Explore our work
Join Mailing List
New Podcast Episode
Covid-19: It feels very odd to say this is the upside of this terrible horrific thing that's happening
Not only are many people living with disability feeling really well equipped to handle the pandemic, but for some, there has been a surprising silver lining.
Read a transcript of this podcast here.
Claiming your right to risk when you live with disability
When Ellen Fraser-Barbour was 19, she decided to travel on her own to India. Everyone told her it was a bad idea.
"You are crazy," they said. "You are deaf. You are blind! You can't travel on your own!" But Ellen decided that was their anxiety. It wasn't her anxiety. So she persevered with her plan.
Listen to the newest Purple Orange podcast episode on the link above.
Read the story and see photos of Ellen's trip to India here.
A MOMENT OF ME
I have travelled to New Zealand, the United States and the United Kingdom, but one place I really enjoyed was London. I was in a long-distance relationship with an Englishman at the time, and that gave me the courage to visit the UK, knowing that I was going to stay with someone I knew. To my surprise, many of the old buildings I visited had better disability access than I thought they would.
It’s the law in the UK that major tourist attractions must provide information on disability access through the publication of Access Guides, which are usually available online, and printed copies are available onsite too. These are guidebooks with information on accessibility, transport and information for parents.
I was able to plan my trip more effectively because of the access information available online. I was able to decide that yes, there are some things that I’m not able to see because some buildings are 1000 years old and there are stairs or uneven surfaces, but there is enough that I can see and do that will be worth the admission fee.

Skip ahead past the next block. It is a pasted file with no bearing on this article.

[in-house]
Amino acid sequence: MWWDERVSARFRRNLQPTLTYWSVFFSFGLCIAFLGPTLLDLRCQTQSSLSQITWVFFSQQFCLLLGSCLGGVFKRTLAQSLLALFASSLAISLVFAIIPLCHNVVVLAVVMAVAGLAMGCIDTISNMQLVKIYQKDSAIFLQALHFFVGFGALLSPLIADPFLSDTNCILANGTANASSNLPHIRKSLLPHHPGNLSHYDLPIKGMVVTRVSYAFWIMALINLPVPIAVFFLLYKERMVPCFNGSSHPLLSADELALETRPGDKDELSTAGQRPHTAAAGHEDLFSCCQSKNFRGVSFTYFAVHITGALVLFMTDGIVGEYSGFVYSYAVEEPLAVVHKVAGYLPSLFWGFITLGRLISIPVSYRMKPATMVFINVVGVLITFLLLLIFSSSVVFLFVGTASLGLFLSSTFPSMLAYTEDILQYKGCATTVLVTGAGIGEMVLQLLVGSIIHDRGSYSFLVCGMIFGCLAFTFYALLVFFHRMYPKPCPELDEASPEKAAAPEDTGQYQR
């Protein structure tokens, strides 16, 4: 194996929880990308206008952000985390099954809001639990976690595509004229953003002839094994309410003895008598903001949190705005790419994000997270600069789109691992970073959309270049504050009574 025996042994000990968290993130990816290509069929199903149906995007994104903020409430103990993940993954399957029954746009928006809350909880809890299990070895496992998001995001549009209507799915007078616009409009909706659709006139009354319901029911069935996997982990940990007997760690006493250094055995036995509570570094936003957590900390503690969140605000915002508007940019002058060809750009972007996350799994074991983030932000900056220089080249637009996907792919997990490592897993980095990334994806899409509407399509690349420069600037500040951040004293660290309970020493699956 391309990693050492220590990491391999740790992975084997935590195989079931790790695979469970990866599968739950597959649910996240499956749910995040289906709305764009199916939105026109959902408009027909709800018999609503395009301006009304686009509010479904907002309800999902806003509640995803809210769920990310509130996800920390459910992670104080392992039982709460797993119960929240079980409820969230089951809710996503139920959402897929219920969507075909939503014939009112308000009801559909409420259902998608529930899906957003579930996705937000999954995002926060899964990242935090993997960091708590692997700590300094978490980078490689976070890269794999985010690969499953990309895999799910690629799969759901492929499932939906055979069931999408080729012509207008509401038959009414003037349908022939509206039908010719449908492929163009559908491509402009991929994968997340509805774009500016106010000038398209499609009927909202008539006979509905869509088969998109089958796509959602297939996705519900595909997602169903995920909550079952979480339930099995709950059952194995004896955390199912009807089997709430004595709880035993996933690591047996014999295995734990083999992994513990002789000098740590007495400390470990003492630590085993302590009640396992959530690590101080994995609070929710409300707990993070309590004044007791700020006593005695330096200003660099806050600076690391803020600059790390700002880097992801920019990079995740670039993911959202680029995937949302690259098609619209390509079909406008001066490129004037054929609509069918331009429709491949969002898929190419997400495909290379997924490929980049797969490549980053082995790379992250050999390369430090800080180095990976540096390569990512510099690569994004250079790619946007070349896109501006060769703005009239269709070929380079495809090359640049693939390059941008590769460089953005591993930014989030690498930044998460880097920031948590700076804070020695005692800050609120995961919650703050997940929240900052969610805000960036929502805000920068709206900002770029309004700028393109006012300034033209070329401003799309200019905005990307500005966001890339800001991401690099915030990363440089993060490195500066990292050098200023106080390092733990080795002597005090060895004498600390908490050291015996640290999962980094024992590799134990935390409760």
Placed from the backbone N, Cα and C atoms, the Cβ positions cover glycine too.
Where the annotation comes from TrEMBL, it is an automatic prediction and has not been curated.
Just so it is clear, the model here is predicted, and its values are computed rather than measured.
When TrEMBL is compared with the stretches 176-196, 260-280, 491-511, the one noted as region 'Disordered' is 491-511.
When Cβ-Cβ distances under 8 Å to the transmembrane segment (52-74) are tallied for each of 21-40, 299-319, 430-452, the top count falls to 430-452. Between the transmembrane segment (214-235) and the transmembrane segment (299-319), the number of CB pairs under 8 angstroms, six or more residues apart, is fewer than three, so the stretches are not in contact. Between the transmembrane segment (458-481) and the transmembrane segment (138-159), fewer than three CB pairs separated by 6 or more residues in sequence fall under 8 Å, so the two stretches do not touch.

Because of my experiences in the UK, I feel that a lot can be done in Australia to make things more accessible to everyone. It would be helpful if it was law for tourist attractions to have accessibility information on their websites because this is information that people like me look for when planning travel. It all comes down to educating people as well. I have noticed in Australia that most people are unsure what an accessible room is.
Accessibility and inclusion are things that I’m passionate about – I’ve been working with Baptist Care SA for 2 years, helping churches become more inclusive and accessible to everyone. I have also written several reviews on TripAdvisor from the point of view of someone with a physical disability, to enable other wheelchair users to have the knowledge required to plan their travels. My review is sometimes the only one that mentions wheelchair access. I was even quoted in a blog written by TripAdvisor about “top tips for visiting the world’s top museums".
We Acknowledge And Pay Our Respects To First Australians
We want to see a world where everyone is included, respected and gets a fair go in life. We can't get there without acknowledging that our office sits on the land of the Kaurna people. Like people living with disability, we recognise that Aboriginal and Torres Straight Islander people continue to experience inequality and division. We want them to know we are their allies. We believe their culture, history, diversity and deep connection to the land deserves our highest respect.
View full calendar